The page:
Japanese Macha (Green Tea) Ceremony for the Mother’s Day Weekend

I was invited to participate in a Japanese tea ceremony in Toronto this weekend by a lovely friend. Even though my schedule for this weekend was packed (I went to visit a friend in the neighboring Hamilton) I couldn’t turn this invitation down because when else would I have a chance to attend a tea ceremony in Canada let along Japan.

The ceremony was held at the Nagomi (和) beauty room in the Bloor West Village. Other than providing beauty treatments such as facial treatments, acupuncture and nail services, the Nagomi (和) beauty room also hosts workshops about healthy living including healthy cooking classes, chinese medicine workshops, eco living seminars, and aroma workshops. You can check it out at http://www.nagomi.ca/

The tea ceremony was performed by the lovely Kyoko Nitta, a Chajin (tea expert) taught by the Urasenke school of tea ceremony. Out of the three major schools of tea ceremony in Japan -Urasenke, Omotesenke and  Mushanokōjisenke – Urasenke has the biggest following.



Unlike standard Japanese tea ceremonies this one was a little more casual since it was intended to introduce both the Japanese and non-Japanese attendees about the basic procedures of the ceremony. Thus the hanging scroll of thematic calligraphy on a wall and pre-ceremony ritualistic self-purification of guests with water in a stone basin was omitted.

To begin the tea ceremony the Chajin lit the Chagama (steel kettle with charcoal) which was plugged in electrically. We were invited to eat the Wagashi, a sweet rice covered with red bean paste and smaller rock candy which was meant to lessen the bitterness of the Macha (Green tea) we would drink.


The chajin then began to perfom the procedures of the tea ceremony including ritually cleansing the tea bowl, whisk, and tea scoop, adding the tea powder to the tea bowl, adding hot water, whisking the powder into a paste, and finally adding more water to create a soup like tea. With both hands attached to the side of the bowl the Chajin then presented the tea bowl to the guest nearest to her. The same preparation procedure was followed for the subsequent bowls with the guests carefully passing along the bowls until everybody in the circle had a serving of Macha (Green tea). Each time, the Chajin performed the movements with the same caution and grace.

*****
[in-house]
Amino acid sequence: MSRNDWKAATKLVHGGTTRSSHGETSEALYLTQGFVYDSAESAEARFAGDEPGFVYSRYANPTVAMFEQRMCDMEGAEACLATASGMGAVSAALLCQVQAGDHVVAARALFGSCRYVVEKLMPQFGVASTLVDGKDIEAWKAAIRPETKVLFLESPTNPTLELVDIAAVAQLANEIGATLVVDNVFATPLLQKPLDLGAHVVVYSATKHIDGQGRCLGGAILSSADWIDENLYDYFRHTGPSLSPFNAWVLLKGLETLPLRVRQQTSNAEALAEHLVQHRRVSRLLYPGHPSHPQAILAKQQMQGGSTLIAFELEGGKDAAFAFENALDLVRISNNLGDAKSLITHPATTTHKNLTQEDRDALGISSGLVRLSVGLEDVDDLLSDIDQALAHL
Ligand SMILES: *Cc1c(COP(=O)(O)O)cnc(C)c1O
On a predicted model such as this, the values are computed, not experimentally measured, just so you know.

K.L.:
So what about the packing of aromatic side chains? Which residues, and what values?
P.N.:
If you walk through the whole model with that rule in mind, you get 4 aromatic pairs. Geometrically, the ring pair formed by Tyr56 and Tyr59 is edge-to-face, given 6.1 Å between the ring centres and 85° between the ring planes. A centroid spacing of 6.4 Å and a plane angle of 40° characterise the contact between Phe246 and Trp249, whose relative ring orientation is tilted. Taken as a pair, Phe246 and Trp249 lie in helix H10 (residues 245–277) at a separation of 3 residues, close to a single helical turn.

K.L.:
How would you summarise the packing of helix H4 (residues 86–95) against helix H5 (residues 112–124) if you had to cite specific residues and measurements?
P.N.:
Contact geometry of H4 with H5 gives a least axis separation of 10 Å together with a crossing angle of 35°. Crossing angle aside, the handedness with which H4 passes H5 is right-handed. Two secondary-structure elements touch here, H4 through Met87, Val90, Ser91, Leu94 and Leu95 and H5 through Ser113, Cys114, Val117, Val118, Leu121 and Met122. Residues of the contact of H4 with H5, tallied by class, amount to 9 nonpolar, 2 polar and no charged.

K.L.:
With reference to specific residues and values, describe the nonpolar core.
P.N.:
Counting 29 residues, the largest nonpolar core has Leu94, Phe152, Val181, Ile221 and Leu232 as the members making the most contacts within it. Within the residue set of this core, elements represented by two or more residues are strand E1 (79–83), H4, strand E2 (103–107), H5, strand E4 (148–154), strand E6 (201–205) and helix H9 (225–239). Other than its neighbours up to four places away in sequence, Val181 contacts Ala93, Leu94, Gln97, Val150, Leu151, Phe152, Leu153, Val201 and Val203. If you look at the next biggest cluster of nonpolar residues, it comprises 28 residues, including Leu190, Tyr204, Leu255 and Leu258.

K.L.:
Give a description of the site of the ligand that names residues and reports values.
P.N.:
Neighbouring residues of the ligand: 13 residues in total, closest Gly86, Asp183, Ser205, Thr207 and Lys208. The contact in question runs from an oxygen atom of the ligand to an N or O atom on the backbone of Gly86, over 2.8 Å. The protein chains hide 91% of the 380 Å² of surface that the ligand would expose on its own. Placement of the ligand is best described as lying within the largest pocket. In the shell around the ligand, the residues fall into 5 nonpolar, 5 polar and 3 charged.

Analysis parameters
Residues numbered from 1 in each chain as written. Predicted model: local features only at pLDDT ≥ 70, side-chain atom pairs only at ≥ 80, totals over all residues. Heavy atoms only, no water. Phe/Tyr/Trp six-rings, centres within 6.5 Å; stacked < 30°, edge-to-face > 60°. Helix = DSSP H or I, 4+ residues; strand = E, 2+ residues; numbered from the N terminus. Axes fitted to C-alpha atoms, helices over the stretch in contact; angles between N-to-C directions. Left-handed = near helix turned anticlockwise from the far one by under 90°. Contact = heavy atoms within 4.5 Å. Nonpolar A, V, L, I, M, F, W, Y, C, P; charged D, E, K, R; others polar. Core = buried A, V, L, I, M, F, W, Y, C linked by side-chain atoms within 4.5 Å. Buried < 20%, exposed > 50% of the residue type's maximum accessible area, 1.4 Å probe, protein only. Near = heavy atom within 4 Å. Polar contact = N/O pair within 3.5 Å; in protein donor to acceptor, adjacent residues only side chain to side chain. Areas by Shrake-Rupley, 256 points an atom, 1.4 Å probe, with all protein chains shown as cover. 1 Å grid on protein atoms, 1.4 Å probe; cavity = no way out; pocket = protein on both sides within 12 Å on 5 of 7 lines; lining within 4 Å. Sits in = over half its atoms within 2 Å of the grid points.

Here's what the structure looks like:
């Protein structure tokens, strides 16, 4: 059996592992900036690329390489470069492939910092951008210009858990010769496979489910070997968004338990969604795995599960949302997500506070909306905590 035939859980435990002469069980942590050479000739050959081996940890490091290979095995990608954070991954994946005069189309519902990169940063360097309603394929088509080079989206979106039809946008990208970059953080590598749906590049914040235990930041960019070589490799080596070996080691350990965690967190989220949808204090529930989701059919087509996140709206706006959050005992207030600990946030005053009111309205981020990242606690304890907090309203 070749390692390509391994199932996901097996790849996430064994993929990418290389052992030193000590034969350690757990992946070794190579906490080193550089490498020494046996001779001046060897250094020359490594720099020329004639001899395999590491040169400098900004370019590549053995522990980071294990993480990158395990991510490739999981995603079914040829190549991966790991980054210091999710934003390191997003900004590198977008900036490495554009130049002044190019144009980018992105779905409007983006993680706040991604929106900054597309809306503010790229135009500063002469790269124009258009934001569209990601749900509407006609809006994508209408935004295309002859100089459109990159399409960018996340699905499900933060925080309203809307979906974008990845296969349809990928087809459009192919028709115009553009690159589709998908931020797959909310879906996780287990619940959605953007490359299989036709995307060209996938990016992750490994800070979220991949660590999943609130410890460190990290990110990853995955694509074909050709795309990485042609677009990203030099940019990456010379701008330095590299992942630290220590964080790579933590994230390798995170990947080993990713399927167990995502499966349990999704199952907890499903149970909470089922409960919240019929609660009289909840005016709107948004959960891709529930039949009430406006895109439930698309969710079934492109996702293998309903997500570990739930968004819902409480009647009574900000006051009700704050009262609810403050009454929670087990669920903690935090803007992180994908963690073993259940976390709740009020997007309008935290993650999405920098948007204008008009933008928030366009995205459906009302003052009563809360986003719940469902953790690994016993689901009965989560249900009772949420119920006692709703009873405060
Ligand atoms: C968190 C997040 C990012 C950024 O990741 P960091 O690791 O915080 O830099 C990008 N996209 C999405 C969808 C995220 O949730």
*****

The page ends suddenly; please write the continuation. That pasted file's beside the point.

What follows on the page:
Although this was a casual tea ceremony it still possessed the tranquil mood that Japanese tea ceremonies are meant to invoke.  The cautious and graceful movements of the tea master influences the guests to relax their mind, locate themselves in their present surrounding, and appreciate the aesthetics and movements of the situation they are perceiving.

All in all, it was a lovely way to spend a Saturday afternoon and I think maybe next time I’ll take my mother along to experience the beauty and tranquility that is, the Japanese tea ceremony.


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